Why Google Analytics is flawed


As the resident SEO and SEM expert at WebSight Design, Inc., I am responsible for managing the search engine optimization efforts for all of our over 600 web sites. At WSD, our clients range from the smallest sole proprietors to Carlos Santana, Sammy Hagar, and the band Tool. The vast majority – over 90% of our clients, either can’t afford full-on SEO work, or don’t yet understand the importance of this aspect of business marketing strategy. As we continue to help educate our clients, at the very least, we provide basic SEO services – keyword research, proper “under-the-hood” and on-page content seeding, and more recently, providing sitemap.xml files (to help Google, Yahoo, and soon MSN to better index entire web sites).

One thing that more and more clients are asking for is Google Analytics. We previously provided WebTrends site activity log crunching and reporting. WebTrends, in our experience and in the experience of many other industry professionals, is too much of a drain on precious shared-hosting server resources. In addition, server based analytics solutions typically don’t filter out non-human site activity. This can include search engine spiders and web crawlers (bots)- automated software designed to scan web pages, either for legitimate or quite often illegal purposes (such as hackers looking for vulnerabilities that can be exploited.

So like many other web hosting providers, this past year we began setting up Google Analytics (GA) in many of our client’s sites. Their code resides right on web pages, thus dramatically reducing server drain. It’s free, which our small business clients appreciate, and it’s provided by one of the most well known brand names.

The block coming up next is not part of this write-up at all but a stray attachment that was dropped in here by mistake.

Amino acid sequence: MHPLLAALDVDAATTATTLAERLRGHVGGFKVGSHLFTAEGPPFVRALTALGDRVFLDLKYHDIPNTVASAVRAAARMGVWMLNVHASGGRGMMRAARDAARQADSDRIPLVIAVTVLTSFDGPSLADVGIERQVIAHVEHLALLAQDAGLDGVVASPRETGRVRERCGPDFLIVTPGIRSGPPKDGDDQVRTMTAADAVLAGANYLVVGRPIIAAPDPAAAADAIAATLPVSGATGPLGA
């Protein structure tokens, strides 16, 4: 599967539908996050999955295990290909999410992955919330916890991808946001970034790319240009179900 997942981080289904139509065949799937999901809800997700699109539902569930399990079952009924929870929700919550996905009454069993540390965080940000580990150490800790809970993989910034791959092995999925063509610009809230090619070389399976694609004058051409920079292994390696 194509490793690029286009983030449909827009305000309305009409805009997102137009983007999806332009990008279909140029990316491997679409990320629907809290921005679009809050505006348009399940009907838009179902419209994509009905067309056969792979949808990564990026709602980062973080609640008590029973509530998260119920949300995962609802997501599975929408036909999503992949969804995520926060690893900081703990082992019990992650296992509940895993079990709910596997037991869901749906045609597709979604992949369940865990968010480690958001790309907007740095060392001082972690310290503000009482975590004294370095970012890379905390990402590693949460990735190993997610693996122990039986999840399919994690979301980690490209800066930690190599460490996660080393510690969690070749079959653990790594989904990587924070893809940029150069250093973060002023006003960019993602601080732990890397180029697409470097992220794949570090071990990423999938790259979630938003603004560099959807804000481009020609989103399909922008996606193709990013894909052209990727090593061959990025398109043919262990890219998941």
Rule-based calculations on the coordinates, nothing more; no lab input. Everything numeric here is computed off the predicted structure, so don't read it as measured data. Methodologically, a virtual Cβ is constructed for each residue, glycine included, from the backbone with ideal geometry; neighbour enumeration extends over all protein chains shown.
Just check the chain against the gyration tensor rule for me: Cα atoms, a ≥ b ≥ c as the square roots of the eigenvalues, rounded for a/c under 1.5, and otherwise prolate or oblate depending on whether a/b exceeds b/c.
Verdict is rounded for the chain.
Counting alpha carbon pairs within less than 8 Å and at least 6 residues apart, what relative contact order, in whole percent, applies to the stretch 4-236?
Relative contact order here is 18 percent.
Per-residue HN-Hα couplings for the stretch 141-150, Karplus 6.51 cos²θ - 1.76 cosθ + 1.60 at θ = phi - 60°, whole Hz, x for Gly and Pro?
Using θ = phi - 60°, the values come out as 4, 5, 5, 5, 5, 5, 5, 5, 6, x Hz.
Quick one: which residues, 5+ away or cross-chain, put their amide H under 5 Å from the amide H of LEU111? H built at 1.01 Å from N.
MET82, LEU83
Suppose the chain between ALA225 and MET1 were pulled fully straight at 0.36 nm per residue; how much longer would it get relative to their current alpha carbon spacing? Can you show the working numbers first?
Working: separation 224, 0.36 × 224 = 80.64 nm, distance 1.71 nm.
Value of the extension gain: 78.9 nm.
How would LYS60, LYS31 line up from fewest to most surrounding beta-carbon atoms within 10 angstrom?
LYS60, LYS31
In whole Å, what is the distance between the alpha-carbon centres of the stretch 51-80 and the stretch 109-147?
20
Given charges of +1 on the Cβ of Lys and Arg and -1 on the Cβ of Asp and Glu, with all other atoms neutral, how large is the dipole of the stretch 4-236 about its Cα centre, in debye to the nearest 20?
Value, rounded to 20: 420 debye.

While less than ideal in it’s reporting and analysis methods (a topic I will discuss in an upcoming blog post), the user interface offers what has become a quite popular experience for many small business owners. Big charts and graphs, large fonts, and bright bold colors. Everyone loves all things Google. Well, I don’t anymore – read on to learn why.


For a few months I have been faced with a new challenge in the SEO arena – why Google Analytics is consistently showing dramatically less site traffic than WebTrends or my own web site visitor log analysis software. Upon my initial research, it was discovered that Google filters out spiders, bots and web crawlers from their statistics, in an effort to show only actual human visitor activity.

While this is a noble goal, it can not explain the vast difference I’ve seen consistently regardless of the size or scope of web site, or what the market focus of the site. For example, on one site, WebTrends was reporting over 100,000 unique visitors, while for the same period, GA showed just over 6,000!

Why am I so upset? Isn’t Google providing reliable information? Why would Google provide a flawed solution to millions of business owners?


Some of our clients reach market segments that big name advertisers want to reach. So they sell ad space on their sites – typically big Flash banners. Those advertisers won’t bother placing ads on web sites that don’t garner what they consider to be a large enough viewership. They want to put their marketing and advertising money where it will do the most good. So they rely heavily upon marketing metrics (statistics that show how many unique page views a site garners, or how many unique visitors, or average time spent on a page are just three such metrics guages).

Because these major corporations spend big money, they need to find a way to get reliable, trustworthy information. It’s too easy for someone to generate phony, beefed up statistics, and there are hundreds of analytics tools out on the market.